Her problems faded out of sight in the rear-view mirror and she relished the roar of the highway wind. In a few minutes, maybe, she would turn on the radio, twist the volume up until it rumbled in her floorboards, her seat, her lungs. Until it filled the car and pushed the horizon farther away. She usually did, just as part of ignition, listening to the engine turn over once before she drowned it out with drums and guitar.
A friend had told her once that there was a science to why music sounded better when it was cranked up loud. She didn’t need the excuse, but she used it just the same, turning the dial higher. Turning decent songs good, and good songs great. Forcing everything back.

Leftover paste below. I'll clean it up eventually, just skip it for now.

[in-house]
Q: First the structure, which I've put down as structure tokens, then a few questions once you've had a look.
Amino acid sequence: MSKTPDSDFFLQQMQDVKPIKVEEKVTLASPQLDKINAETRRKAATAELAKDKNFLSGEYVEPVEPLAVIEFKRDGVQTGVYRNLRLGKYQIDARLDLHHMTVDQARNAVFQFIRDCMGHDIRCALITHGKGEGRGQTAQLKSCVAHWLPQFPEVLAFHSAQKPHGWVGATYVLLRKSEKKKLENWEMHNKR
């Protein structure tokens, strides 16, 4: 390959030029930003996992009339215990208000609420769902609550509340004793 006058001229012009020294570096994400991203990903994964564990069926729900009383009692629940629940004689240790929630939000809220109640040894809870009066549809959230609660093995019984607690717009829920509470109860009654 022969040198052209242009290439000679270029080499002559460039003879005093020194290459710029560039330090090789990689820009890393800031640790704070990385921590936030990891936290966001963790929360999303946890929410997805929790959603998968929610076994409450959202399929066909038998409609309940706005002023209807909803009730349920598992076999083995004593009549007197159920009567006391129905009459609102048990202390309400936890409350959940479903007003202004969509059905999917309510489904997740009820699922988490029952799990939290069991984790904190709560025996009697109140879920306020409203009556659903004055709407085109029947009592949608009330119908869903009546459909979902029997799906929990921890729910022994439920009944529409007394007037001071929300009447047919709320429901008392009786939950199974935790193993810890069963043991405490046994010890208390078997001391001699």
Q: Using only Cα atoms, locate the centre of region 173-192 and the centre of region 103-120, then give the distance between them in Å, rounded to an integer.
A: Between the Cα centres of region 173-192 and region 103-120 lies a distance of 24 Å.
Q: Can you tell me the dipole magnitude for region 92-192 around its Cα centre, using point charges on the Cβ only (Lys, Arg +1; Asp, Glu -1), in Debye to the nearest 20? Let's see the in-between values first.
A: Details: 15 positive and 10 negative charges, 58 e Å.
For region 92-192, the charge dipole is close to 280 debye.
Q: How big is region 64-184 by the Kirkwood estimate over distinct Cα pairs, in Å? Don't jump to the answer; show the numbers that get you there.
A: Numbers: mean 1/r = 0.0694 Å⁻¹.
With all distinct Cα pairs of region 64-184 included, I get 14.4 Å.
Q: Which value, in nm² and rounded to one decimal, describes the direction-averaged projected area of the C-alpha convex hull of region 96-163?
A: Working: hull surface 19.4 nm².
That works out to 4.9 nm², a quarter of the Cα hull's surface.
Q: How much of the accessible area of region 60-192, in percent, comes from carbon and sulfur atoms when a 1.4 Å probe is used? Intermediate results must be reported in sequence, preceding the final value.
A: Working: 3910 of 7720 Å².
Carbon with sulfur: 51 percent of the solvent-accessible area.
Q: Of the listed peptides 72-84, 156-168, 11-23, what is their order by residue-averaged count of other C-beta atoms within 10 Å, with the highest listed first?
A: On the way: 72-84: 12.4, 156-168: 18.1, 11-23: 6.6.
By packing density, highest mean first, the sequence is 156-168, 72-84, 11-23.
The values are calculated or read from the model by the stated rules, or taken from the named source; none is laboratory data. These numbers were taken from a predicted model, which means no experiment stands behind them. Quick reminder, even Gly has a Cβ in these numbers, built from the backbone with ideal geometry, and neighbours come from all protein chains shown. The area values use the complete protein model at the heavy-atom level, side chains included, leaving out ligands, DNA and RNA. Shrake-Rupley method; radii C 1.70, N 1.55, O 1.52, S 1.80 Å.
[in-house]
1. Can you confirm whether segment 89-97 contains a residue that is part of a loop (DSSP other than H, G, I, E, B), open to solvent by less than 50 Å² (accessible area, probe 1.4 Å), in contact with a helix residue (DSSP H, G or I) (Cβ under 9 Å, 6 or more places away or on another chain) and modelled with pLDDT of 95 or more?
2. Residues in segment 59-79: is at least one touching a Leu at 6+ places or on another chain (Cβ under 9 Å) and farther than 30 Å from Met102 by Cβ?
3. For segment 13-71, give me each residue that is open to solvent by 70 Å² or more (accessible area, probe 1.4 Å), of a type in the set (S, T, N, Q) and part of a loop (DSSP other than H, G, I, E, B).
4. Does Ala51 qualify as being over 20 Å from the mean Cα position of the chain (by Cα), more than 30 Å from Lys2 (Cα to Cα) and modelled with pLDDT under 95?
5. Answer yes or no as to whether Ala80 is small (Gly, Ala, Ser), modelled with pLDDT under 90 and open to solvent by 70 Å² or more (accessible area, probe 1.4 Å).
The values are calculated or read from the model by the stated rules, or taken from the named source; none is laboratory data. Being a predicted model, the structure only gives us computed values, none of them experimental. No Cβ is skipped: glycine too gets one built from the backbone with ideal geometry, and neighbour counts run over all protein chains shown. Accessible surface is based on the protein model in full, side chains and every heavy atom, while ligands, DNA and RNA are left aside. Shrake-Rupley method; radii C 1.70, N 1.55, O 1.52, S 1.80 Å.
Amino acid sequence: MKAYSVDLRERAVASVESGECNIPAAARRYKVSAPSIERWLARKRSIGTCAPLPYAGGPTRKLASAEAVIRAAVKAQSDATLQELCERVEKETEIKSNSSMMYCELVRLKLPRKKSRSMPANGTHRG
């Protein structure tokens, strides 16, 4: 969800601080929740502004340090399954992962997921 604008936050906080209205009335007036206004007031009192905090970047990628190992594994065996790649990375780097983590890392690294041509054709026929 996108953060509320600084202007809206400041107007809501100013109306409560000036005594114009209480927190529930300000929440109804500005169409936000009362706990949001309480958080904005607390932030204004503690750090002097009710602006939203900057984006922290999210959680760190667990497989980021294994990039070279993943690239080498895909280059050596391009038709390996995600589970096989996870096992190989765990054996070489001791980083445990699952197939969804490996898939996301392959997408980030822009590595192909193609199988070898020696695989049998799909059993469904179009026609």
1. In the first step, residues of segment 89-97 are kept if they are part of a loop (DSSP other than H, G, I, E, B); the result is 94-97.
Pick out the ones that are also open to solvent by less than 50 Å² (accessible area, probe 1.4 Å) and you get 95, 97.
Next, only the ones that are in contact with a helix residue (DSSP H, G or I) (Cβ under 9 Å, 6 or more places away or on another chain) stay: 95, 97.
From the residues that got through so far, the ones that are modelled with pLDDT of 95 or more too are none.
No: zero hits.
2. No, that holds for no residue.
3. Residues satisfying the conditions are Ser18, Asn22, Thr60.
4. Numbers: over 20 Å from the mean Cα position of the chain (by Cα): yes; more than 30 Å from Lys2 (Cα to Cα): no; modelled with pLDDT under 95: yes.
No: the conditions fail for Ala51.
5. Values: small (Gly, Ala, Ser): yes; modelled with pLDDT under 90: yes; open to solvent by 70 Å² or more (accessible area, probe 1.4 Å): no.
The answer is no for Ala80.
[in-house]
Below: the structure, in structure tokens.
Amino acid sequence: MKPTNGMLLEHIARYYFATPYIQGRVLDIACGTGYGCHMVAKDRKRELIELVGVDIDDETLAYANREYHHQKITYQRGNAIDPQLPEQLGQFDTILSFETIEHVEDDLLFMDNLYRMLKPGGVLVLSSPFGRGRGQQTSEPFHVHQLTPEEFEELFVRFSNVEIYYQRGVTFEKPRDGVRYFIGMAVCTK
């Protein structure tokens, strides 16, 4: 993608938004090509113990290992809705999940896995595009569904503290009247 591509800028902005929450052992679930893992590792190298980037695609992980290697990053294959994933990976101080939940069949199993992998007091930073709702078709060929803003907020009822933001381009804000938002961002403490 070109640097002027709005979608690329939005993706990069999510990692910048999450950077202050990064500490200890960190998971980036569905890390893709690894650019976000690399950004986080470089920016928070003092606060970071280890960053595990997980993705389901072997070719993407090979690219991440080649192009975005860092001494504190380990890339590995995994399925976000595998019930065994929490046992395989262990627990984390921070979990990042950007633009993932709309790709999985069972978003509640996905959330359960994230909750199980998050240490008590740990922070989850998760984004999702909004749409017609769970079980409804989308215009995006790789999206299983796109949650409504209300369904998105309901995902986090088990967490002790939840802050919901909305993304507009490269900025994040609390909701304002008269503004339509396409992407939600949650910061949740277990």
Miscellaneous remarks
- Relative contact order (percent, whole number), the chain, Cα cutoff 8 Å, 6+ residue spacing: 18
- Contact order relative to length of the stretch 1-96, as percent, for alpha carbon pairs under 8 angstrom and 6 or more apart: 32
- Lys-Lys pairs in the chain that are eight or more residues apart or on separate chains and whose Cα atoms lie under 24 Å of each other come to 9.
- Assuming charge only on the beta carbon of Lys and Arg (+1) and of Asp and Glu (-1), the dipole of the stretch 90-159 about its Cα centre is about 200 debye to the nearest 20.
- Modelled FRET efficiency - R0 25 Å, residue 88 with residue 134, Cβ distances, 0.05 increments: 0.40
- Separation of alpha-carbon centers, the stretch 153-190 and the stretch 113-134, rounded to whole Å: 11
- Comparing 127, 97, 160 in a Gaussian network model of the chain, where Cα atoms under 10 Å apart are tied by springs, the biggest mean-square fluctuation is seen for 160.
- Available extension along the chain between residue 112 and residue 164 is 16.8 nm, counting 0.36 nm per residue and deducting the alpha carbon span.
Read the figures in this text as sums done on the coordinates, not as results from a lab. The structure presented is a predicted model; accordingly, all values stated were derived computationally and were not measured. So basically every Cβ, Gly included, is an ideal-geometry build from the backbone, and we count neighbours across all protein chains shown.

But not now.
The engine grumbled, low and steady in a hollow frame. The tires struck pavement, and echoed strange little songs. The wind pulled heavily against her car, all coke bottle hum. She smiled and loved every moment’s reminder that there was nothing in this car but her.
She had left it all behind.
Shifting her hand on the wheel, she settled back, warm and happy in the sunlight tumbling in through the window. Propping her elbow on the sill, she leaned her head lightly on her fingers. The edge of the world was a little nearer, she thought, an uneven line between what definitely was, and what might maybe be. Wide and hazy, the road rolled on in front of her.
When it got dark, perhaps, she would stop. She usually did.
But not now.